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KAI RYSSDAL: It was guns in the Supreme Court today — the biggest Second Amendment case in 70 years was on the docket. Tomorrow, it’s going to be money. The justices will hear a challenge to a California law that prevents employers from spending public funds on anti-union activities. Nine other states, including New York and Ohio, have similar statutes.
From Washington, Marketplace’s John Dimsdale has our preview.
John Dimsdale: The Bush administration has joined national business groups, like the U.S. Chamber of Commerce, in challenging California’s restrictions on using state money to fight union organizing. Attorney Mike Carvin, representing the Chamber, says the state ban directly contradicts national policy.
Mike Carvin: Federal law makes it clear they not only allow employers to engage in that kind of speech, they want them to engage in that kind of speech — because it’s of great benefit to the employees on making an informed decision about whether or not to join a union.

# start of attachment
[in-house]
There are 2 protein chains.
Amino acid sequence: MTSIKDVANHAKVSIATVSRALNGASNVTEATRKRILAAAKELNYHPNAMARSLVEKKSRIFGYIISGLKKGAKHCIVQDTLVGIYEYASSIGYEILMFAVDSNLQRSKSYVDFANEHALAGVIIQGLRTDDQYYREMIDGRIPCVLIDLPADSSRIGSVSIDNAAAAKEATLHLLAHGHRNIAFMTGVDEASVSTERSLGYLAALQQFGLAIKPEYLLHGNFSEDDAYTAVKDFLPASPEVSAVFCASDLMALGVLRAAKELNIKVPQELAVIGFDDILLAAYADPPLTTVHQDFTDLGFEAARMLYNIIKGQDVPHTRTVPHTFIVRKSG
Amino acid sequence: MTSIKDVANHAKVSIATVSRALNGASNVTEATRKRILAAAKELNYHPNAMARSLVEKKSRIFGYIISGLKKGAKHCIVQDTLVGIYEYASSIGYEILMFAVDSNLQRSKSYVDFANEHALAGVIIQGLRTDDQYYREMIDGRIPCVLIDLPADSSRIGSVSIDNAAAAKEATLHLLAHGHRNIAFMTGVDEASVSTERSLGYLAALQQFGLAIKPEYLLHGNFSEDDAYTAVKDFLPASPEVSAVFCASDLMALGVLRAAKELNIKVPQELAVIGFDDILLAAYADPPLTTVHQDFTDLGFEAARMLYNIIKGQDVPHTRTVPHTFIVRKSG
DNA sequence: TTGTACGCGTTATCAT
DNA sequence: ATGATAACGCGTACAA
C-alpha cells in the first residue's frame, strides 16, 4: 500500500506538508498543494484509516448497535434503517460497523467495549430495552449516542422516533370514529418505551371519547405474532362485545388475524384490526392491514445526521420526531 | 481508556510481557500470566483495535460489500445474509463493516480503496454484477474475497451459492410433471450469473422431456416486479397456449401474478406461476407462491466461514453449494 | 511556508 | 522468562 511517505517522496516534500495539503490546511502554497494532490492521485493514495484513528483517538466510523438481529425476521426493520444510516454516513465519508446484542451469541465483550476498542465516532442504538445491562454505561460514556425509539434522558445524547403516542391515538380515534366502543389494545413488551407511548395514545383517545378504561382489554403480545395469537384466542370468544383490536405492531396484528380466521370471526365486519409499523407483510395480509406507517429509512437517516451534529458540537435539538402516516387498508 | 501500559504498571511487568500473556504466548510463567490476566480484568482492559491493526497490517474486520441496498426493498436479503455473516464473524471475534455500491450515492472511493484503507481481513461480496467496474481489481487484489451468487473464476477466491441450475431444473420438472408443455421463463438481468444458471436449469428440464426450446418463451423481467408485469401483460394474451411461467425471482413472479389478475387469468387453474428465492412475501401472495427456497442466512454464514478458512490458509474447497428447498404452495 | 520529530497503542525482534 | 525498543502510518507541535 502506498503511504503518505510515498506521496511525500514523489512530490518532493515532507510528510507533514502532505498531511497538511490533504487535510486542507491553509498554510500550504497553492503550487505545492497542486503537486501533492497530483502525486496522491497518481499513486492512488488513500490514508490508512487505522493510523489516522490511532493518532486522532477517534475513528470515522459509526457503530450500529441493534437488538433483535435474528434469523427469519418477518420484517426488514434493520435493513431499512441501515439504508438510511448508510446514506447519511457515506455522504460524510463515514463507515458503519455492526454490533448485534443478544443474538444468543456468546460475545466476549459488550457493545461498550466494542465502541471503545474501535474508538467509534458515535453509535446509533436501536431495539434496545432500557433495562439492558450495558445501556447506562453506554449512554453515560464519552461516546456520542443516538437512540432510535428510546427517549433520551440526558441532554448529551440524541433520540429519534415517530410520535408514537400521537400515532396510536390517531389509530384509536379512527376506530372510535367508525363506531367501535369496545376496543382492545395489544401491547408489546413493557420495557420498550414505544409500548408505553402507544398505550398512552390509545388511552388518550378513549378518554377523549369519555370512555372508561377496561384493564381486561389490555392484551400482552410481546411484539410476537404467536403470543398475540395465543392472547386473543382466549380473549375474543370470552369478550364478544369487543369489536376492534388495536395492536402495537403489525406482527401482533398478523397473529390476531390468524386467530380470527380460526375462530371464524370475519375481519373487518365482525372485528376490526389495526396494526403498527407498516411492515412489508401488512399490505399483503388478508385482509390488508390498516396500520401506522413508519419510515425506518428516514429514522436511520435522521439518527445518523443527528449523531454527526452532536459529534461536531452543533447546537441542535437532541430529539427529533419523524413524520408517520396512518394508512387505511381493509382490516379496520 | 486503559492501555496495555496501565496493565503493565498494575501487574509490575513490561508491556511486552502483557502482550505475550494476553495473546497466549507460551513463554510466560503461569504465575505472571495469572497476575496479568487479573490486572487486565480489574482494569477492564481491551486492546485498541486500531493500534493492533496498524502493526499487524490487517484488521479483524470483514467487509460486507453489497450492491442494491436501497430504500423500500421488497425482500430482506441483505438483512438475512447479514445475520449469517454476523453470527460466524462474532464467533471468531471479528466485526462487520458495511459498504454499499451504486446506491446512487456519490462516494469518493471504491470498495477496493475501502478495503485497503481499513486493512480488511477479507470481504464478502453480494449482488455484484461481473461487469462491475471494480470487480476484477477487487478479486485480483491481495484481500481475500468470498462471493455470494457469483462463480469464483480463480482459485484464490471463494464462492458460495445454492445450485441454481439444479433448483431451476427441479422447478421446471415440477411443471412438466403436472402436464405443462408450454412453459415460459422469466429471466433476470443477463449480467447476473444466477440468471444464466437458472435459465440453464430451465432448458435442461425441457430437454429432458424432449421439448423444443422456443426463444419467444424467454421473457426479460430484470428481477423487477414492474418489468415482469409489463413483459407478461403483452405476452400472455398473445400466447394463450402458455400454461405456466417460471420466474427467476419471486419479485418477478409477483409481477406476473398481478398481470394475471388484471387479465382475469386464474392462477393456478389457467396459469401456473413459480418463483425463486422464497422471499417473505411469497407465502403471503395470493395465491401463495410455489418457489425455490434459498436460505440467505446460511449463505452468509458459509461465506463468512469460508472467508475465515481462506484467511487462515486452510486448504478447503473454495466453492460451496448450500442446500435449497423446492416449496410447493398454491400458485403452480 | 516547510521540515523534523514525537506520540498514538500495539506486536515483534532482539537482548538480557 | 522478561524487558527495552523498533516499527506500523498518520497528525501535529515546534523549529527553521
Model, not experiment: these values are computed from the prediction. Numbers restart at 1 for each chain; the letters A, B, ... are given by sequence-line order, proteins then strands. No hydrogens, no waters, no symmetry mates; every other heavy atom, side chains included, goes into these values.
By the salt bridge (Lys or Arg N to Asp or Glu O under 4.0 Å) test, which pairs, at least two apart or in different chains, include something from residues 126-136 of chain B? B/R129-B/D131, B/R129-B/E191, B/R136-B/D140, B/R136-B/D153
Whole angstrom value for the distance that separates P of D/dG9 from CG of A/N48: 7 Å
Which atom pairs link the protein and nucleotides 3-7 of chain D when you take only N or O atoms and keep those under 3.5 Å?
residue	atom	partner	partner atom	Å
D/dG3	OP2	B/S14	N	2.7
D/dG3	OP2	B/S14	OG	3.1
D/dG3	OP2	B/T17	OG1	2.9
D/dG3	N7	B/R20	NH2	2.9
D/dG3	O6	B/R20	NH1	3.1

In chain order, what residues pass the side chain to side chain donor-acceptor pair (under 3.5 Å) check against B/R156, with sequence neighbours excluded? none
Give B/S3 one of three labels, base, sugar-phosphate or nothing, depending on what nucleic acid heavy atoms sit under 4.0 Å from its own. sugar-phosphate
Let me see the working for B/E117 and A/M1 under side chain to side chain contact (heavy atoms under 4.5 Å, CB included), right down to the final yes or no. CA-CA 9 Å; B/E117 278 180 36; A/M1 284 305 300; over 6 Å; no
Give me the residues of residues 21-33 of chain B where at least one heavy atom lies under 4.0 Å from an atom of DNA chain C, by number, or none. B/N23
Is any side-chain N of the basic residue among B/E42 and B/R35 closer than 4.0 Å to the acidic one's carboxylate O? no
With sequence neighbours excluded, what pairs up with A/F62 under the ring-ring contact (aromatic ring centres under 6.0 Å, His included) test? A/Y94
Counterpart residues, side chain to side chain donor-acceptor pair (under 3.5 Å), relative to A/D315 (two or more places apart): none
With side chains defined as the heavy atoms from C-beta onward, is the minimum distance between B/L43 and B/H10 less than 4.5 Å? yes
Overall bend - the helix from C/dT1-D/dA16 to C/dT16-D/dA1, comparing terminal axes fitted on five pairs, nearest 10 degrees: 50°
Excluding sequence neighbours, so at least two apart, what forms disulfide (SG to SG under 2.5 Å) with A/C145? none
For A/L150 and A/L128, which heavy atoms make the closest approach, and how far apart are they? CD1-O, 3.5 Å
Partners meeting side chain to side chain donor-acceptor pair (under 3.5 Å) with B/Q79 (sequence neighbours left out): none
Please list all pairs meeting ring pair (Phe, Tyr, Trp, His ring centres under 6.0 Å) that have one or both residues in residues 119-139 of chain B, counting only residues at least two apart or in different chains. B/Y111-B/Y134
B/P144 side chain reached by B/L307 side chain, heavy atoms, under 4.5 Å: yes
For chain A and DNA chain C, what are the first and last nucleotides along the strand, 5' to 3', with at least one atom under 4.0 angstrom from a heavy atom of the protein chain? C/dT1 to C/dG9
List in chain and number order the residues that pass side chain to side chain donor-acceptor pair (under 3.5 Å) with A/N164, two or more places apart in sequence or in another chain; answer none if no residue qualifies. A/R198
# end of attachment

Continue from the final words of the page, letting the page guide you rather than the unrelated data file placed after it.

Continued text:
The ban affects only companies that do business with states and collect taxpayer money. That’s mainly health care providers — hospitals and nursing homes — that rely heavily on income from state Medicaid payments. Jeffrey Sherrin represents health care companies that are challenging New York’s law.
Jeffrey Sherrin: The freedom to organize is written into federal and state law. But so is the freedom to oppose it. If what you’re doing is tying the hands of just one side, that puts the unions at a very substantial advantage.
But the attorney for the AFL-CIO, Scott Kronland, says this isn’t about free speech.
Scott Kronland: Employers are perfectly free to try to influence their employees about whether to unionize. They just can’t use the state’s money to do that. They have to use their own money.
A U.S. appeals court upheld the state law last year. But the Supreme Court voted to hear the business challenge. A ruling is expected in late June.
In Washington, I’m John Dimsdale for Marketplace.
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